Lawyer: FBI document might have helped Nichols
DENVER, Colorado (CNN) -- The federal prosecutor in the trial of Oklahoma City bombing co-conspirator Terry Nichols says he might not have challenged the credibility of a defense witness during trial if he had reviewed an FBI document that has subsequently been located.
The New York Times reported Sunday that among the documents recently located and turned over to attorneys in the case was a "lead sheet," which documented a call by computer technician Morris Kuper two days after the April 19, 1995, blast that destroyed the Alfred P. Murrah Federal Building.
Kuper told the FBI he saw convicted bomber Timothy McVeigh and another dark-haired, muscular man in a parking lot near the Murrah building about an hour before the blast, standing near a car similar to one McVeigh was driving when he was stopped after the bombing by a highway patrolman about 80 miles from Oklahoma City.
He made the call the same day McVeigh was seen on national TV after being arrested for the bombing. But Kuper wasn't actually interviewed by the FBI until four months later, and that interview was part of a routine sweep of businesses in the bombing area, not because of his phone call, according to a source familiar with Kuper's documents.
During Nichols' trial, when Kuper took the stand as a defense witness, prosecutor Pat Ryan challenged his credibility by asking him why he had waited four months to come forward. Kuper responded that he called the FBI two days after the bombing but no one called him back.
Kuper was one of several witnesses called by Nichols' attorneys to place McVeigh with another possible suspect, who has come to be known as John Doe No. 2.
Ryan told CNN that while he does not remember Kuper specifically, he now believes -- after recently briefly re-reading part of a transcript of the trial -- that he must not have known of Kuper's initial call. He said he would not have attempted to question Kuper's credibility had he seen the lead sheet.
"Never, as a lawyer, a prosecutor, or a human being, would I suggest someone was not telling the truth if I had information to the contrary," said Ryan, who is now in private practice.
He said he did not routinely review lead sheets; he would normally prepare for cross-examinations of witnesses by reviewing FBI summaries of their interviews, known in FBI parlance as a "302."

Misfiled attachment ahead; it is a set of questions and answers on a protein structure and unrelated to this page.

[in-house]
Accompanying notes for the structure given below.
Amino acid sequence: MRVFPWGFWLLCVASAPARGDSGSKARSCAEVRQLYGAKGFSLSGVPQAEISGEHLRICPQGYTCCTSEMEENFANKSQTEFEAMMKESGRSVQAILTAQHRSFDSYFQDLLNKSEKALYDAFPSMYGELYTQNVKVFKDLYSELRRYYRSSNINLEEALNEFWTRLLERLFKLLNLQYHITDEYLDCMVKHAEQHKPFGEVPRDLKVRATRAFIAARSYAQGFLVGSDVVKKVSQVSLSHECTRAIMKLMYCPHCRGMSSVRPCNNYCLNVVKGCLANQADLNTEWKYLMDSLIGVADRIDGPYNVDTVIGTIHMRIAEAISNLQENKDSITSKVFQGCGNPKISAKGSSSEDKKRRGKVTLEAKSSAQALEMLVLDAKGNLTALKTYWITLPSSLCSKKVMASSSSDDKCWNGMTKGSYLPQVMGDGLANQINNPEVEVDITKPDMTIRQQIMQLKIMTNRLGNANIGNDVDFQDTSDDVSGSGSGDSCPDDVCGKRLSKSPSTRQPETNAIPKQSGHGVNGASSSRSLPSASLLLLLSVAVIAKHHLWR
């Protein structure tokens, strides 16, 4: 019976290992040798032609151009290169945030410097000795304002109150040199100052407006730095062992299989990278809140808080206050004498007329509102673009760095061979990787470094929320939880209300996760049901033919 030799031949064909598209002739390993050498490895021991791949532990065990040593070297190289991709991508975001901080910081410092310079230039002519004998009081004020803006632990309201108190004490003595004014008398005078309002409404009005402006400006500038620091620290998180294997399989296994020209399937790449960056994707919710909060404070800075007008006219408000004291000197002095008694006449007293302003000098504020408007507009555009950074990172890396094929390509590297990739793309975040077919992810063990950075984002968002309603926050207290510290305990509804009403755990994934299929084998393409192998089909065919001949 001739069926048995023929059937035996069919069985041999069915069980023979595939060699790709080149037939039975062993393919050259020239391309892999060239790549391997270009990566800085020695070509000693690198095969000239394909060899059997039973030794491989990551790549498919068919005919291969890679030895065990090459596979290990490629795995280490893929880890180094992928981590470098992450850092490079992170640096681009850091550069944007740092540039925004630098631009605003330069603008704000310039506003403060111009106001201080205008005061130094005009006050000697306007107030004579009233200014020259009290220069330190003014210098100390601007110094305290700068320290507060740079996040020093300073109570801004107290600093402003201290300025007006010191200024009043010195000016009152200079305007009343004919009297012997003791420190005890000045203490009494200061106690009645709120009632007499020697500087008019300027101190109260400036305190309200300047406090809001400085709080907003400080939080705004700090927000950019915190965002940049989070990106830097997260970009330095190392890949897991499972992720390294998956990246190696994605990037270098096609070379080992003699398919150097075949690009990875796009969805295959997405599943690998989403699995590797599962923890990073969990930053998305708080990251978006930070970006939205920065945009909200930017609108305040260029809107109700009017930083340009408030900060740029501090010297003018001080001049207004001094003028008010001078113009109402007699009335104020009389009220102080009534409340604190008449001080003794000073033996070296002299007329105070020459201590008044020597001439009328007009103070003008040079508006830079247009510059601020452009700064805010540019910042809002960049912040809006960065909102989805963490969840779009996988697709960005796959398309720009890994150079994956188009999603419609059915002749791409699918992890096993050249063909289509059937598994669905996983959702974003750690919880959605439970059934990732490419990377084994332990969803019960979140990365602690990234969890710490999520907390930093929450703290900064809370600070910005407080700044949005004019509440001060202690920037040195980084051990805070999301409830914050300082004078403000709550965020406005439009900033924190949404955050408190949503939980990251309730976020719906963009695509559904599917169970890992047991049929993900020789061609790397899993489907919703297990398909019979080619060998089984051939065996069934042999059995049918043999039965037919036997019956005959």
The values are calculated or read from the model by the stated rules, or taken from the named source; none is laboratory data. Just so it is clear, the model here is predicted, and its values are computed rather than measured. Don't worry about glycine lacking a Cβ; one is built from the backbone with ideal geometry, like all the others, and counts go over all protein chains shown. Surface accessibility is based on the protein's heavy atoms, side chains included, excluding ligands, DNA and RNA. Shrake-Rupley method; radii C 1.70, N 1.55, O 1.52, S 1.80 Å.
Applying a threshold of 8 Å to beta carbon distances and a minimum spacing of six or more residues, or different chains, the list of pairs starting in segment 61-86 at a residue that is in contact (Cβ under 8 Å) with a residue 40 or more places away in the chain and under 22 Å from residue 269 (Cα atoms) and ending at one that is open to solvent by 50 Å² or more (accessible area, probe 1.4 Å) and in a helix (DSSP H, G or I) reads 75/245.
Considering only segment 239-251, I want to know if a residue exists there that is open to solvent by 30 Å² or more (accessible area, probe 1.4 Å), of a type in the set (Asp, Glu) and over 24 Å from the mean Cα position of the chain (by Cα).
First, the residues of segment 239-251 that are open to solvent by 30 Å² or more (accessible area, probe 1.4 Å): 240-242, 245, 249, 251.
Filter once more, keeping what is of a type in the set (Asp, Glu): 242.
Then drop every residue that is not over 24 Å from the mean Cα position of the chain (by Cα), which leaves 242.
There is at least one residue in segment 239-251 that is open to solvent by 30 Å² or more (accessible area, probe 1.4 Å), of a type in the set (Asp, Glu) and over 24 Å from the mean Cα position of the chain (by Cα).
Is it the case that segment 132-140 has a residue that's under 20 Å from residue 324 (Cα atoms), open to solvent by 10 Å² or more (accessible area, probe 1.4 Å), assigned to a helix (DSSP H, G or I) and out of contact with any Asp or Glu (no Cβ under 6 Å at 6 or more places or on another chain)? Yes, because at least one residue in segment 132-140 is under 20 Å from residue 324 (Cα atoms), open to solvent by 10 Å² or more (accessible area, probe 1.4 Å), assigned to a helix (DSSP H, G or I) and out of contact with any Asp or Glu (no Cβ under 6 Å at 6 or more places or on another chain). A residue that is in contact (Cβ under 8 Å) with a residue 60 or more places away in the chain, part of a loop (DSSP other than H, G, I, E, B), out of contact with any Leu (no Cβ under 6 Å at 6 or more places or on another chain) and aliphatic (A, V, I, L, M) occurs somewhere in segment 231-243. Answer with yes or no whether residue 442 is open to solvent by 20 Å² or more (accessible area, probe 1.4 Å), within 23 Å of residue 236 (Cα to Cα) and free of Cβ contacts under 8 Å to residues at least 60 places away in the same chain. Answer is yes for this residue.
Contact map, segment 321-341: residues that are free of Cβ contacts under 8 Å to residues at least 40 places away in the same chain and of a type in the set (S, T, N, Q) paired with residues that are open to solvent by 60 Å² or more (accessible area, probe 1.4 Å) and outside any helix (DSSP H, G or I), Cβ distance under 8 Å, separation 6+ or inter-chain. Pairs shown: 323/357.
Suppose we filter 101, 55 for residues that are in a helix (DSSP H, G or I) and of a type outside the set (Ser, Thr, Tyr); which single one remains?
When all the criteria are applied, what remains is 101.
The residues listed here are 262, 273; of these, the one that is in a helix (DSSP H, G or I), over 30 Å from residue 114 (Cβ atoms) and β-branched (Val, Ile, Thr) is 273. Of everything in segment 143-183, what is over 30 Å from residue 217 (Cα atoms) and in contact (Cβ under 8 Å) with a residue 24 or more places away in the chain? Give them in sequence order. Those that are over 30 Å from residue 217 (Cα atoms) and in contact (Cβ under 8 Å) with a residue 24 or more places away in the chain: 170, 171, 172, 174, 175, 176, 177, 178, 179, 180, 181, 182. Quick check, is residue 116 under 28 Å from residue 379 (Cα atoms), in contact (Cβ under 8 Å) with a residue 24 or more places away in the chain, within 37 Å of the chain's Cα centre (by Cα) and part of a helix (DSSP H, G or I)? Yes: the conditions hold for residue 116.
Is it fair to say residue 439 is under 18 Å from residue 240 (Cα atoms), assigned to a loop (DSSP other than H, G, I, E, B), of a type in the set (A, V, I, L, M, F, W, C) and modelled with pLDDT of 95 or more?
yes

In court, Ryan did question inconsistencies in Kuper's description of the two men. During his cross-examination, Ryan said Kuper initially described the second man as muscular but at another point said McVeigh was the more muscular of the two.
A source familiar with Kuper's documents says he was first interviewed not because of the lead sheet -- in which Kuper suggested the FBI check surveillance cameras in the lots for the public library and Southwestern Bell -- but because of a sweep of businesses in the bombing area. At the time, the FBI was looking for any cameras that captured activity before the bombing and interviewing employees of neighboring businesses.
Kuper was interviewed at least twice, in August and later in October. The 302s of those interviews were turned over to defense attorneys and prosecutors prior to the trials of McVeigh and Nichols.
McVeigh's scheduled execution was postponed earlier this month after the FBI revealed it had located documents in the case that had never been turned over to prosecutors and defense attorneys. The execution has been rescheduled for June 11.
Attorneys for McVeigh have declined to comment on the nature of any of the documents now under review. The FBI has insisted repeatedly that none of the new material creates any reasonable doubt about the convictions of McVeigh and Nichols.
John Doe No. 2 sightings have been rejected by appeals courts considering Nichols' conviction and life sentence as irrelevant to evidence concerning his guilt.
McVeigh defense attorney Rob Nigh has said he does not have enough time to review all materials before the scheduled execution.
The defense could go to court this week or next to ask U.S. District Court Judge Richard Matsch in Denver, the trial judge, for additional time. Nigh would not say, however, whether he intends to do so. He has said repeatedly it is up to his client to decide what to do.
Attorney General John Ashcroft said last week he will not postpone the execution further.
Later this week, the U.S. Supreme Court is expected to meet privately to consider whether to hear Nichols' latest appeal based on the FBI blunder which postponed McVeigh's execution.
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